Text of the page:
Can solutions to the graph coloring problem be used in the prison system to keep known enemies apart with the goal of reducing violence?
It's unclear exactly what level you're asking the question at.
In principle, you could set up a graph where the vertices are prisoners, there's an edge between any two prisoners who need to be kept separate, and each prison corresponds to a colour. In practice, there are probably too many prisoners in any reasonably sized country for this to be a computationally tractable approach (though the conflict graph would probably be rather sparse), there are more constraints on the system that would be hard to model in this graph-colouring approach, and two prisoners getting into a fight could cause a re-colouring that might cause a large proportion of the prison population to be moved, which is neither feasible nor desirable.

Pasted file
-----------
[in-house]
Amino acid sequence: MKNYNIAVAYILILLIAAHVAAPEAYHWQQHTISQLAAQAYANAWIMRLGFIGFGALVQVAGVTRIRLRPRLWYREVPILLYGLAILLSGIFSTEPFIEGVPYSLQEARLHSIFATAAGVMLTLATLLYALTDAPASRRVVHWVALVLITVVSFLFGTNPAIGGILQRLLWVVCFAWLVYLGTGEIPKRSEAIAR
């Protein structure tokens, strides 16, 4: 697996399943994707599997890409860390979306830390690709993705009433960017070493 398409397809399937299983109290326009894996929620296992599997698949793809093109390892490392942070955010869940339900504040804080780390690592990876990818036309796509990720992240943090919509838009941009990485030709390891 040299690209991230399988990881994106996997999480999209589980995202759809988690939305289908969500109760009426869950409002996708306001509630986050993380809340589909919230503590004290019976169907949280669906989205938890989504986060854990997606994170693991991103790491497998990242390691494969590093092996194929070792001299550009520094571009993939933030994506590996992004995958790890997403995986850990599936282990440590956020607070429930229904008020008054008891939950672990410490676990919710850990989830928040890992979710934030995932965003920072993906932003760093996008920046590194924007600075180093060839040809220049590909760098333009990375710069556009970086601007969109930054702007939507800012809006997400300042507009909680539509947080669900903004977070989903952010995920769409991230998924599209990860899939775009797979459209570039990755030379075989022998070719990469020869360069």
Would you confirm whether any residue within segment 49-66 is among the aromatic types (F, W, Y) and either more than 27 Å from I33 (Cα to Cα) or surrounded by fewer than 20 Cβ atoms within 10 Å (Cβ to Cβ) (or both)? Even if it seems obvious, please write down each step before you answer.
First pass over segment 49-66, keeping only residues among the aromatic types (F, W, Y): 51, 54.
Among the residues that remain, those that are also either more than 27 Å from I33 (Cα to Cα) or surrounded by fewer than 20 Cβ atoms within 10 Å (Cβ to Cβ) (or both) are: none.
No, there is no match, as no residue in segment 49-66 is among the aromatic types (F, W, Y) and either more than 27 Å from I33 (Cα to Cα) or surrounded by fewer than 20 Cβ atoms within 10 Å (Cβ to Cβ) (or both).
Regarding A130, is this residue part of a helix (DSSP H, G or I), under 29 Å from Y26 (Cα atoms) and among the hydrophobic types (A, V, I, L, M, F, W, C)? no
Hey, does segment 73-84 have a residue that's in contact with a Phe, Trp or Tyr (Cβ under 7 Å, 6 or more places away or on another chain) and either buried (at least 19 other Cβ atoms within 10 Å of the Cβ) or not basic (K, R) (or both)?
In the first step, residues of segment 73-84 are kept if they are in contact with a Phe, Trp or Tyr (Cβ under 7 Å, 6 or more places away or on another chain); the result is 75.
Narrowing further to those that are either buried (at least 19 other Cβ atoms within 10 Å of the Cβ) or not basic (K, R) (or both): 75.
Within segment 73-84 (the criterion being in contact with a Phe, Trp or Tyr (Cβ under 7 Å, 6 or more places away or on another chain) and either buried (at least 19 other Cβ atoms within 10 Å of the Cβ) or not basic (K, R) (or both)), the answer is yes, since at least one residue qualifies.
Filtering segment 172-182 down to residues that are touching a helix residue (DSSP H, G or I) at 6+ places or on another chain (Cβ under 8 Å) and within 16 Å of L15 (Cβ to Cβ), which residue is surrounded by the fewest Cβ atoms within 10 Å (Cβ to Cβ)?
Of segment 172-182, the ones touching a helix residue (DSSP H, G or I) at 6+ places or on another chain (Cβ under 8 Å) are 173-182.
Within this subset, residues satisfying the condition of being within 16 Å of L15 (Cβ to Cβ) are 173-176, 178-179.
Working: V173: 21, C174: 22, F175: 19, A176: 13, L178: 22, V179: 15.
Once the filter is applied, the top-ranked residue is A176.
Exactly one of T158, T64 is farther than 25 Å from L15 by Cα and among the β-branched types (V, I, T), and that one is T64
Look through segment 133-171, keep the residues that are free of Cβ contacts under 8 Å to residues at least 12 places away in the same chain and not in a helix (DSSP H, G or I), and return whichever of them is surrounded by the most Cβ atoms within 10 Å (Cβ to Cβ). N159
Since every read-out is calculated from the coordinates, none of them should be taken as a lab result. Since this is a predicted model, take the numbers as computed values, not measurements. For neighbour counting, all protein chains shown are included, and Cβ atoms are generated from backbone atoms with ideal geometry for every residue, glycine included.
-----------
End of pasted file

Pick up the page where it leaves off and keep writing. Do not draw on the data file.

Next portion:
Yes, in theory, assuming the prison has $n$ separated blocks.
Let each vertex be a prisoner, let each hostile relationship be a graph edge between their two respective vertices and color the graph.
The color of each vertex determines what block the prisoner ends up in, no two prisoners that have a hostile relationship will end up in the same block.
Note that this isn't very useful in practice without other requirements, as for example blocks have limited capacity.